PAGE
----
I’m never going to see that hoodie again am I? You’re such a girl.
“You will never see it again,” I thought, lovingly wrapping my banishing and hexing altar with it months later. “Because I’m such a mage, you arrogant fuck”. But then he never took my gender or magic seriously. Foolish, when I had access to so much of his shit. Still, the significance of the item of clothing being the end of black life was never far from my mind. It served as a tone correct reminder that this wasn’t about punishing him. He was already leading a life that didn’t beg for the waste of materials and ultimately, he amounted to nothing more than a bare symptom. Oozing like a rash of unchecked internalized racial oppression and mental health neglect, his nature was never hidden from my perception. What had been the incantation I myself had uttered that led me to walk away from my power and into a glade of straight black man’s poison? I placed the proxy of me on the altar—A paintbrush of my grandmother’s, wrapped in hair that had fallen out as I was breaking up with him, also hair that had fallen out while as I was transforming into They, witchgrass for psychic protection, all bound in the strings of the hoodie.
I lit my ancestors’ candle, closed my eyes, and with a terrifying immediacy fell into a spirit dream.
The now condemned house of my childhood stood before me. It has always appeared in dreams sent by my ancestors as the site of information exchange between us. This time, however, every version of the house I’d ever seen fought to exist at once. Happy childhood porch, scorn laden teenage front door, adult rage/grief stricken driveway drenched in a warped sun all shook as many, snapping at the edges of one another in conflict. The house(s) jumped and flared greenish blue like corrupted VHS. As I walked inside the unstable setting, a living darkness bore down upon me. The vestibule whirled around like the image of it was made of locusts failing to settle long enough to make the entry solid. Calmly, I walked through swarming masses of house memory to the kitchen, situated in the very back.
Usually, I go through the back door, to a four way exit—Upstairs to my grandmother’s, downstairs to the basement, out to the backyard, or to the driveway leading to the front. Each symbolic of the crossroads of present earth between heaven, hell, past, and future. This time, I turned toward the bathroom. An old terror that I’d lost the description for crept over my heart. Once inside, I locked the door, walked past our small bathroom window. There framed was a giant white morning glory—a favorite flower of my grandmother’s to grow—solid state in the chaos, buzzing to have my attention. I sat down in the tub to look at the flower and half my sight went black. Unintelligible screaming erupted outside the bathroom door and a ringing overcame me that transformed me into a glitch between my present and child self. Clutching my head, I bowed into the tub, losing sight of the flower altogether.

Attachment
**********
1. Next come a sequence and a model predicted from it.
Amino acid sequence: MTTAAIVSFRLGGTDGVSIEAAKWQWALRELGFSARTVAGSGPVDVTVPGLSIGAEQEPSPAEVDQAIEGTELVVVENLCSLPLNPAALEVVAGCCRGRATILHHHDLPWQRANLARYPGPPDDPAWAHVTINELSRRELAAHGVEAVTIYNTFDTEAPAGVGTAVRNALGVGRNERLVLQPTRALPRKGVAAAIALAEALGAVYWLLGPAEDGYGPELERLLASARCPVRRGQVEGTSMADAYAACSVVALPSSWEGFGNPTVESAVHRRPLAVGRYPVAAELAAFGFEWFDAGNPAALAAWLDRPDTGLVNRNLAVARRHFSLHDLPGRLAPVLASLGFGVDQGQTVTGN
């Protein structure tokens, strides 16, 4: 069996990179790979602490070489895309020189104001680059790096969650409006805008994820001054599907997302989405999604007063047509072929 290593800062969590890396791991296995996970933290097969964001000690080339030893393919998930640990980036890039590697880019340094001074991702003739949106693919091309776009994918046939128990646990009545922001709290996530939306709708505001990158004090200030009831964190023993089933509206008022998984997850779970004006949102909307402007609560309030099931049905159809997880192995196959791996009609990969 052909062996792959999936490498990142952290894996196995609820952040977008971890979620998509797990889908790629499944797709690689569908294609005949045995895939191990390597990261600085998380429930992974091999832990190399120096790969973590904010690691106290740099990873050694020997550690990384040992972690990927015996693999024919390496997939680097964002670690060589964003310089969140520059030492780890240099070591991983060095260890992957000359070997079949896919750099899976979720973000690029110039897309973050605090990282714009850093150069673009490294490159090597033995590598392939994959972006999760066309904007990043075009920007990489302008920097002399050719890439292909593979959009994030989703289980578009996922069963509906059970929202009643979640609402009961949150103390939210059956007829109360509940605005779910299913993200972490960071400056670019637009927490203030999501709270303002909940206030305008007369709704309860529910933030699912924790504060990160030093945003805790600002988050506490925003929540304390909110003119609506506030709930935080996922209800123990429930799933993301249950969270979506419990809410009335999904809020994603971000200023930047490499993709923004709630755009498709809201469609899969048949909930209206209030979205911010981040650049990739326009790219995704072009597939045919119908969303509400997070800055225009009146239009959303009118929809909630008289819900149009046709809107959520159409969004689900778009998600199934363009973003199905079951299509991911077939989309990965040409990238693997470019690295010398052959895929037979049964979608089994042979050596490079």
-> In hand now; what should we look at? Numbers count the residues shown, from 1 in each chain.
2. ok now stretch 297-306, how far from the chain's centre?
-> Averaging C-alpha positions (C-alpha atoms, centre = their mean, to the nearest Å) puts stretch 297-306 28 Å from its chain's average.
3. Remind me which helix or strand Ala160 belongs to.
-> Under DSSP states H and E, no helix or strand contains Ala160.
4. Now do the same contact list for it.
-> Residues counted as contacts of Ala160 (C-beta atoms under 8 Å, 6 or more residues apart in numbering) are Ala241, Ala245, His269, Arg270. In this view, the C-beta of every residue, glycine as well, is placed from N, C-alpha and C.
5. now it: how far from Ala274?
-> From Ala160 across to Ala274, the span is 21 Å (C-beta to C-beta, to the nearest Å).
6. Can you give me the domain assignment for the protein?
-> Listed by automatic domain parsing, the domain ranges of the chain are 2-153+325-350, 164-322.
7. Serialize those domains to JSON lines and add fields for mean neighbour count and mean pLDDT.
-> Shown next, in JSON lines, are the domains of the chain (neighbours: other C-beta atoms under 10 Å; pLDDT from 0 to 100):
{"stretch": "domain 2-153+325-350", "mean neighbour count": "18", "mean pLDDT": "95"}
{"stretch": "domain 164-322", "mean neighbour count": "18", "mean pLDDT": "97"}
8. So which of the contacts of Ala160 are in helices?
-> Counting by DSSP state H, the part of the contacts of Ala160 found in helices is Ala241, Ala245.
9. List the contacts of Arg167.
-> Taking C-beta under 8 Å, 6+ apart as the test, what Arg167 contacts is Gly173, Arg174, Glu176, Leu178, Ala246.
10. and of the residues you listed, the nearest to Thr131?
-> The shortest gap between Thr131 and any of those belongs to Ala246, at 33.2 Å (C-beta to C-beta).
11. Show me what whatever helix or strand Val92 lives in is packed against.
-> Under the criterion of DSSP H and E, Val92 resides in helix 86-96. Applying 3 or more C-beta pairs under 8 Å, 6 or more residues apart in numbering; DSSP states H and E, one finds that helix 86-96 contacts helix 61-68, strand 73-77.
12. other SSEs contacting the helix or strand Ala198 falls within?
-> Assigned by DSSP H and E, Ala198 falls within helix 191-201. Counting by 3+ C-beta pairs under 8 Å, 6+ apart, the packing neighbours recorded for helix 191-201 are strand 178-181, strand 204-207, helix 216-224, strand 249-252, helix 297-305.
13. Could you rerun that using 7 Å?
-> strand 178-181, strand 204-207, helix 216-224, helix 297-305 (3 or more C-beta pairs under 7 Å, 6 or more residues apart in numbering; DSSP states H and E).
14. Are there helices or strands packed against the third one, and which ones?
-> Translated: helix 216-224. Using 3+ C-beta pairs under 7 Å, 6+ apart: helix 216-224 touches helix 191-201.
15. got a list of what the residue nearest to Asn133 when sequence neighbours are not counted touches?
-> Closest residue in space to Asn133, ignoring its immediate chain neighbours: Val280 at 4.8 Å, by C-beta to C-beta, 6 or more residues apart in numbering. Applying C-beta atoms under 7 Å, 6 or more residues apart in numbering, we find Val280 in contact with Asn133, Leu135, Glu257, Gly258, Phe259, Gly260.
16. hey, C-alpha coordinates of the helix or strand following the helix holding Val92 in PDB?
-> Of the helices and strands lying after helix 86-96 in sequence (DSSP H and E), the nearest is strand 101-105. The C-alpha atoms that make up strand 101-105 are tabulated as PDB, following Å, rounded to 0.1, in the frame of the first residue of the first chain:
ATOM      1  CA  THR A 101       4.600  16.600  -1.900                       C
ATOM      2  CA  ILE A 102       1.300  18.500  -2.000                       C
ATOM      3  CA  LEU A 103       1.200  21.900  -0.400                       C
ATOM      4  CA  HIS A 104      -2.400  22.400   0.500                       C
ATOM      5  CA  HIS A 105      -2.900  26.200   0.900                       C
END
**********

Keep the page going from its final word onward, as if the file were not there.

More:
The bathroom was the only door in the house that would lock. I remember being as young as seven-years-old and running in it to hide from my older, fully white, cis-het brother’s abuse. Outside the door, he would scream endless slurs and obscenities. I screamed back until I lost the will to defend myself. Exhausted, voiceless, and defenseless except for a thin brown door he would one day kick his way through, I would crawl to the tub, sob, and pray to:
Not feel anymore.
Not see anymore.
Not to hear anymore.
So damn plain, when I opened my eyes and came out of the dream, was the crudely childmade curse that bound me. Sanctuary I’d taken away from the virulent and unrelenting abuse of white supremacy had become solitary confinement. I picked up my proxy self and began to cut the cords
I’m so surprised that a cishet black man actually loves me
As the hoodie strings, hair, and witchgrass dropped into the metal pan, I shuddered at that thought. It had occurred just outside of my own reason’s hearing at the beginning of the relationship, just before I became They. I also thought about how I’d waited such a long time to turn my whole heart toward my own identify largely because I couldn’t convince myself that abandoning she was not the same as abandoning black womxn. As I set fire to the debris, the night I finally did came to mind. I had gone to his house after making the realization and my mercury dime—a protective tripwire meant to indicate spiritual attack and danger when discolored—snapped. After informing him that I was leaving, I made my exit in the wake of his unmitigated rage that I had chosen to listen to my ancestors and leave.
I watched for half an hour as the curse burned riotously. Annoyed at the insistence of the issue at taking up space even in death, I doused the flames with ancestor water, rolled the remains in the hoodie, and ditched the mess in a garbage off property. Later on, feeling a new rush of ease pouring into my heart, I swore down on the brownie I was consuming that from then on, I would only evuh consider dating cis or trans people that identify as men if they also identify as queer.